While you’re knitting, stop and notice how your knit stitches look like a V at the base of the stitch, and your purl stitches look like a little bump. Flip your work back and forth and observe that the V (knit) stitches look like bump (purl) stitches on the back side. Think about the fact that the last 5 stitches of the row are purled, and then you flip your work over and knit across those same 5 stitches because in fact they are knit stitches on the back side. For 5 rows, you’re just knitting when it looks like a knit stitch, and purling when it looks like a purl stitch. When you get to row 6, you’re just purling the knits and knitting the purls. Try carrying on without looking at the pattern for a while, because you can see what to do by reading your knitting.
Repeat Rows 1-10 indefinitely, then bind off.
Pat yourself on the back because you’re well on your way to knitting mastery.
I have a printed copy of an internet meme hanging on my whiteboard above my desk at work, and another copy stuck to my fridge at home. On days when I’m struggling with procrastination, or mornings when I’m feeling sluggish and uninspired, it gives me a boost. What is this magical motivational poster, you ask? Well, it looks like this:
Now you know what gets me moving. It came from the internet. The fact that the shark hat is crocheted makes it even better, because I know that someone out there took the time to make a shark hat for their kitty (or sure, for a baby, but let’s be honest, cats in hats are pretty amazing).
This weekend, I definitely felt like a powerful Great White Shark — I finally finished repairing Brooks’ dad’s sweater! I wound in the final ends, checked everything over, and packaged it up. Success! An item checked off the knit list! Fellow crafters, you know the satisfaction I felt when I officially declared it done. Is there any better feeling?
Now I get to cast on my capeletfigure out what to make for a baby that is due in early September. I want it to be something fun but also practical, because this is a Maine baby. With that in mind, this is one of the potential items:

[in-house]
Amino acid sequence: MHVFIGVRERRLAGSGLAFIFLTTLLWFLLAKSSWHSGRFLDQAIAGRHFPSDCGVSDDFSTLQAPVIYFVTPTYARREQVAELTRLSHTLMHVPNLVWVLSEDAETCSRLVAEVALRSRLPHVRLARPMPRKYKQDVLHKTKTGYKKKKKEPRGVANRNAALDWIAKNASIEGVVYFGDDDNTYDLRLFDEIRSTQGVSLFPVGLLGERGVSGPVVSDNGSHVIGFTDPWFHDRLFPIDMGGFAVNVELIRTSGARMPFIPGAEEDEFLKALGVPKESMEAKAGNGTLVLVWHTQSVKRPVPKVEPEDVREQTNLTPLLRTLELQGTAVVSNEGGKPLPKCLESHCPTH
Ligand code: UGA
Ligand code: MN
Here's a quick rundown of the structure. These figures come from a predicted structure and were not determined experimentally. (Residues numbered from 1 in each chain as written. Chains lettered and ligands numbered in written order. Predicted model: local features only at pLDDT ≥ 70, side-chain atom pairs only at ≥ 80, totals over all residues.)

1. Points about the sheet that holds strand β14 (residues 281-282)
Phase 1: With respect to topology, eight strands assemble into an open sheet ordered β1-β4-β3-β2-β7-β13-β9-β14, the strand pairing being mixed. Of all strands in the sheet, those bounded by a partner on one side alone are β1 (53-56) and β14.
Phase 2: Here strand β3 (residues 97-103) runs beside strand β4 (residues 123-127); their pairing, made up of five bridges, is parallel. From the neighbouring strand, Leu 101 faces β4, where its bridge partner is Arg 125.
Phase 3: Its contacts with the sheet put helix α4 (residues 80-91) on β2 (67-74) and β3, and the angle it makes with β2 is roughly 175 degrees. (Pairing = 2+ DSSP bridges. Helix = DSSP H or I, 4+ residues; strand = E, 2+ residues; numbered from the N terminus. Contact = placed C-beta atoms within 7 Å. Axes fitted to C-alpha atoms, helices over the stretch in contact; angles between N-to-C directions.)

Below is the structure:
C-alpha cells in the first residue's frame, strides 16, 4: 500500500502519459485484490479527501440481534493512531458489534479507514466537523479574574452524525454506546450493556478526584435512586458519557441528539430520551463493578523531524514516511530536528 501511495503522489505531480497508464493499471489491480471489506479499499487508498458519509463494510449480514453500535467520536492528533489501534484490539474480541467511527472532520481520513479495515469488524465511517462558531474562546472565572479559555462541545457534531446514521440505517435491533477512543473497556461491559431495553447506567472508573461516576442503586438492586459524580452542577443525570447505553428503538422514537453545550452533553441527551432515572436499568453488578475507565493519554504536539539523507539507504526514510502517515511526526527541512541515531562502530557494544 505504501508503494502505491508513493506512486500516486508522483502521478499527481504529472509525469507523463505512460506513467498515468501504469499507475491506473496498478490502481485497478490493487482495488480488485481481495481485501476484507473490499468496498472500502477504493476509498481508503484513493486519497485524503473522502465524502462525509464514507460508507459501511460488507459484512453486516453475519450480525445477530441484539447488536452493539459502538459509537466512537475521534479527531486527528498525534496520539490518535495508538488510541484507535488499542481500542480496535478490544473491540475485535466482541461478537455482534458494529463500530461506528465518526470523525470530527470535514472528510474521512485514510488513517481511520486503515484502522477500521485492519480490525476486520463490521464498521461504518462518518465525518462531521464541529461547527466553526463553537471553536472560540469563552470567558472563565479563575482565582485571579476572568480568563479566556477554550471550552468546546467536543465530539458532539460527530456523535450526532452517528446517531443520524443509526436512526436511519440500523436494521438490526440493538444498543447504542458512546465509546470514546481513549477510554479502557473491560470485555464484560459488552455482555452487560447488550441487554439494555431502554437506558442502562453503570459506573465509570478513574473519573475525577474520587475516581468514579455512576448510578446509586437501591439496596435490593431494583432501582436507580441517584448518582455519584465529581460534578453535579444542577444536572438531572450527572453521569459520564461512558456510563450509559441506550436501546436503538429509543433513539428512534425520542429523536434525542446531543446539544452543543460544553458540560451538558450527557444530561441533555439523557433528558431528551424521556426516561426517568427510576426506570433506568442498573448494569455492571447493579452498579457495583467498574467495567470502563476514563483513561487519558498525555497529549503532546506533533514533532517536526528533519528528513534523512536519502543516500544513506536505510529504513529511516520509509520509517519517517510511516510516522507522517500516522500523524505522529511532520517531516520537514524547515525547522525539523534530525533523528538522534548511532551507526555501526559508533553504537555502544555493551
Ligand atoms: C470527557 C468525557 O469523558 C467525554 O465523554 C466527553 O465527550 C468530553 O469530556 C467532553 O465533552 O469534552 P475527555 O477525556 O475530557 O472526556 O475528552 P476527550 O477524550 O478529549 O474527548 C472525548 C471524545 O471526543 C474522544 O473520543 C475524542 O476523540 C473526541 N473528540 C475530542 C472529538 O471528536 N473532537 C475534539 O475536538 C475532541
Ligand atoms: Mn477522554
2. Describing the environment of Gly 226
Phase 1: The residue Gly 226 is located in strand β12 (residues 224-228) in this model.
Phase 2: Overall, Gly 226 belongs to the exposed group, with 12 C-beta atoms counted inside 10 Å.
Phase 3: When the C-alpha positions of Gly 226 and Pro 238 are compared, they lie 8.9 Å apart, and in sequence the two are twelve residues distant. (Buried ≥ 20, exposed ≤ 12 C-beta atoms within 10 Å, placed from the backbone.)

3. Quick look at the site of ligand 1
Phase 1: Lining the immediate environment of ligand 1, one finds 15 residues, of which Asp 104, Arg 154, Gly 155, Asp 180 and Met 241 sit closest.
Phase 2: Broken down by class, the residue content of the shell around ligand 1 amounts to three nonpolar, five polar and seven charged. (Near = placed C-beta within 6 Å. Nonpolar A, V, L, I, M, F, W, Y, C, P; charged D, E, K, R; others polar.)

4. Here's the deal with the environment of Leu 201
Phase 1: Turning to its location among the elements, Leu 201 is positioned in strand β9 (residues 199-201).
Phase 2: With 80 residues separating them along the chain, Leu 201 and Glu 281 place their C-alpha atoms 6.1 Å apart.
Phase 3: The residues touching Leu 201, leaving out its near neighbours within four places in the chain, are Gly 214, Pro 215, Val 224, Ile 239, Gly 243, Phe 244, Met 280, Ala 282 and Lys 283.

Is this not one of the cutest things you’ve ever seen? Possibly even cuter than a cat wearing a shark hat? This is the Baby Duck Booties pattern from Quince & Co., and it makes me want to just squeal with delight. The toddler size (which I would have to make, because I knit slowly and babies grow so quickly) uses Chickadee, a sport weight yarn. I think I’d change up the color of the sole, because white would get dirty really quickly, but we’ve got plenty of colors to choose from in the store. I have also pondered trying to size this up to make a cozy pair of slippers for myself, perhaps using plushy, aran weight Osprey. (Non-slip paint or a suede sole would be a necessary safety feature.)
I’ve also considered a blanket for the heirloom factor, and because the sizing is less crucial (ditto for the gauge — score!). But there are so. many. baby blankets out there. Ravelry offered me 168 PAGES of knitted blanket patterns when I searched. After enjoying working on the ZickZack Scarf, I’m tempted to tackle the Chevron Baby Blanket by Espace Tricot, though probably in Berroco Vintage instead of cotton, because this is a fall/winter baby. However, if I continue procrastinating on this project, I may end up needing to choose Softcotton Chunky for a quick knit summer blankie!
Of course, there’s always the sweater option. I think I’ve already mentioned that I love designs by Tin Can Knits, and they don’t make it easy to choose. I’m torn between two patterns: Old Growth and Goldfish. Which one do you prefer?
And this is Goldfish — adorable, fun, quirky, and also seamless. With a slightly tonal yarn for the main color… this could be the one.
What do you think, readers? Booties, blanket, or sweater? What’s your go-to item to knit when someone is expecting? As soon as I have a pattern, I’ve got to channel my inner shark and attack the project!